Another pertinent question relates to the nature of Slit gradients in vivo. At the midline, Slit is expressed by glia cells and proposed to diffuse away from the midline, thus setting up the gradient required for long-range guidance. Direct observation of such gradients is challenging, but a recent study may have succeeded in imaging the Slit gradient and how it is altered in the absence of syndecan . Given the very high affinity of the Slit–HS interaction, it is not easy to see how Slit could diffuse freely through the extracellular matrix. Another puzzling observation is that, following proteolytic cleavage, it is the N-terminal and not the C-terminal fragment (which has higher affinity for HS) that remains associated with cell surfaces . Perhaps the combined ligation by Robos and syndecan/glypican effectively traps Slit at the cell surface.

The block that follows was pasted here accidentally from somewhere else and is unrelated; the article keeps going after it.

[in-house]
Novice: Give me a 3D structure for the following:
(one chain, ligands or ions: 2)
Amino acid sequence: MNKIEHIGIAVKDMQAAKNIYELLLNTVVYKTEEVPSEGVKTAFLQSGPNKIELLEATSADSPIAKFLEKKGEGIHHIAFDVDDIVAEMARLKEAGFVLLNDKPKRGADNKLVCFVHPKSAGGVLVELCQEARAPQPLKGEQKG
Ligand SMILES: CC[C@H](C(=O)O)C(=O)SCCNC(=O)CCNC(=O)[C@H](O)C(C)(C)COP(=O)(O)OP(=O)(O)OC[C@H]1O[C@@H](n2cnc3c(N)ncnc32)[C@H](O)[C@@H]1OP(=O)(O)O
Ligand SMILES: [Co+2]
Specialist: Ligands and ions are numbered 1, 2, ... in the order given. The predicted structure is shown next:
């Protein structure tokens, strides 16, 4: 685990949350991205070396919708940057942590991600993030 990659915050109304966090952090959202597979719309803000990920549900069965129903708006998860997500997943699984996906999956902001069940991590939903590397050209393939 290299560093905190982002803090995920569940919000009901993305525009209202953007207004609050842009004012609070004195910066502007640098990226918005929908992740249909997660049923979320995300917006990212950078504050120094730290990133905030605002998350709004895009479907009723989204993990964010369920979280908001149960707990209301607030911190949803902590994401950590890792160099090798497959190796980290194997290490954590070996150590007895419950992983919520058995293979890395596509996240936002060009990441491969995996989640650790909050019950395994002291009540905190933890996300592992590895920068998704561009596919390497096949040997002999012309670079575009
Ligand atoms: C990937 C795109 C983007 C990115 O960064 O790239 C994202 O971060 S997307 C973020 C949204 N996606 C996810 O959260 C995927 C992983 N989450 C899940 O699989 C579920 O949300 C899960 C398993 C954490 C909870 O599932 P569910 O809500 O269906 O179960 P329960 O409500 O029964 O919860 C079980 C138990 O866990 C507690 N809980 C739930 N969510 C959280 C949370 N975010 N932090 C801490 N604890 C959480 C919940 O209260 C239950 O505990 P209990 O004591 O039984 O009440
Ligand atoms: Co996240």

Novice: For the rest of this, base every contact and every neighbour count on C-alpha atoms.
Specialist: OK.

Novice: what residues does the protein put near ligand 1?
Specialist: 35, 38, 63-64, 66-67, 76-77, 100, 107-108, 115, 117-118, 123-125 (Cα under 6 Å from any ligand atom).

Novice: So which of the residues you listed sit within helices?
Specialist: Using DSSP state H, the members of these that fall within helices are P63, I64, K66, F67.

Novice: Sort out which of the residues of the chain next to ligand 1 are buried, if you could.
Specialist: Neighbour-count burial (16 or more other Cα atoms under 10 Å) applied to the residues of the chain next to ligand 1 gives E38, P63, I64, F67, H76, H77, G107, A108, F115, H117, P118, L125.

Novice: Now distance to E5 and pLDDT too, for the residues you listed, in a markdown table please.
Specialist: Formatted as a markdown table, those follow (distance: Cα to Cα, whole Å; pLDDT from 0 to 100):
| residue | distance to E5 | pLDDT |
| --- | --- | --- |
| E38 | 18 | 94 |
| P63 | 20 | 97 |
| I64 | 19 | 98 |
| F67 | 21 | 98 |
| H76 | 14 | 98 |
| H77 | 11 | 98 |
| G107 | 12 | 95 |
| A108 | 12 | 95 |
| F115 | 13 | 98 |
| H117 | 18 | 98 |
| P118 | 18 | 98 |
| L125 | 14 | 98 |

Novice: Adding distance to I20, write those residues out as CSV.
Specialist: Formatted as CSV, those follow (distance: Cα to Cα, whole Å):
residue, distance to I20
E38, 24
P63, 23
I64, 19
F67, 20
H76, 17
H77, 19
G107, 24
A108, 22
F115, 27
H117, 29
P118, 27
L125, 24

Although a structural understanding of Slit–Robo signalling is still a distant prospect, the recent identification of minimal interacting domains [27,44] has shown that these large proteins can be dissected for crystallographic studies. Crystal structures of minimal Slit–Robo and Slit–HS complexes are likely to give important clues about the signalling mechanism. However, in order to understand the full sequence of events at the cell surface, the structural studies will have to be complemented by biochemical and microscopic approaches. A major aim must be to develop a simpler ‘read-out’ of Robo activation, without which structure–function studies will remain challenging. The first decade of research into Slit–Robo signalling has been dominated by genetic approaches; now is the time for structural biologists to make an impact.
Cytokine–Proteoglycan Interactions: Biology and Structure: Biochemical Society Focused Meeting held at Royal Holloway University of London, Egham Hill, U.K., 9–10 January 2006. Organized and edited by B. Mulloy (NIBSC, U.K.) and C. Rider (Royal Holloway University of London, U.K.).
We gratefully acknowledge funding by the Wellcome Trust. E.H. is a Wellcome Senior Research Fellow.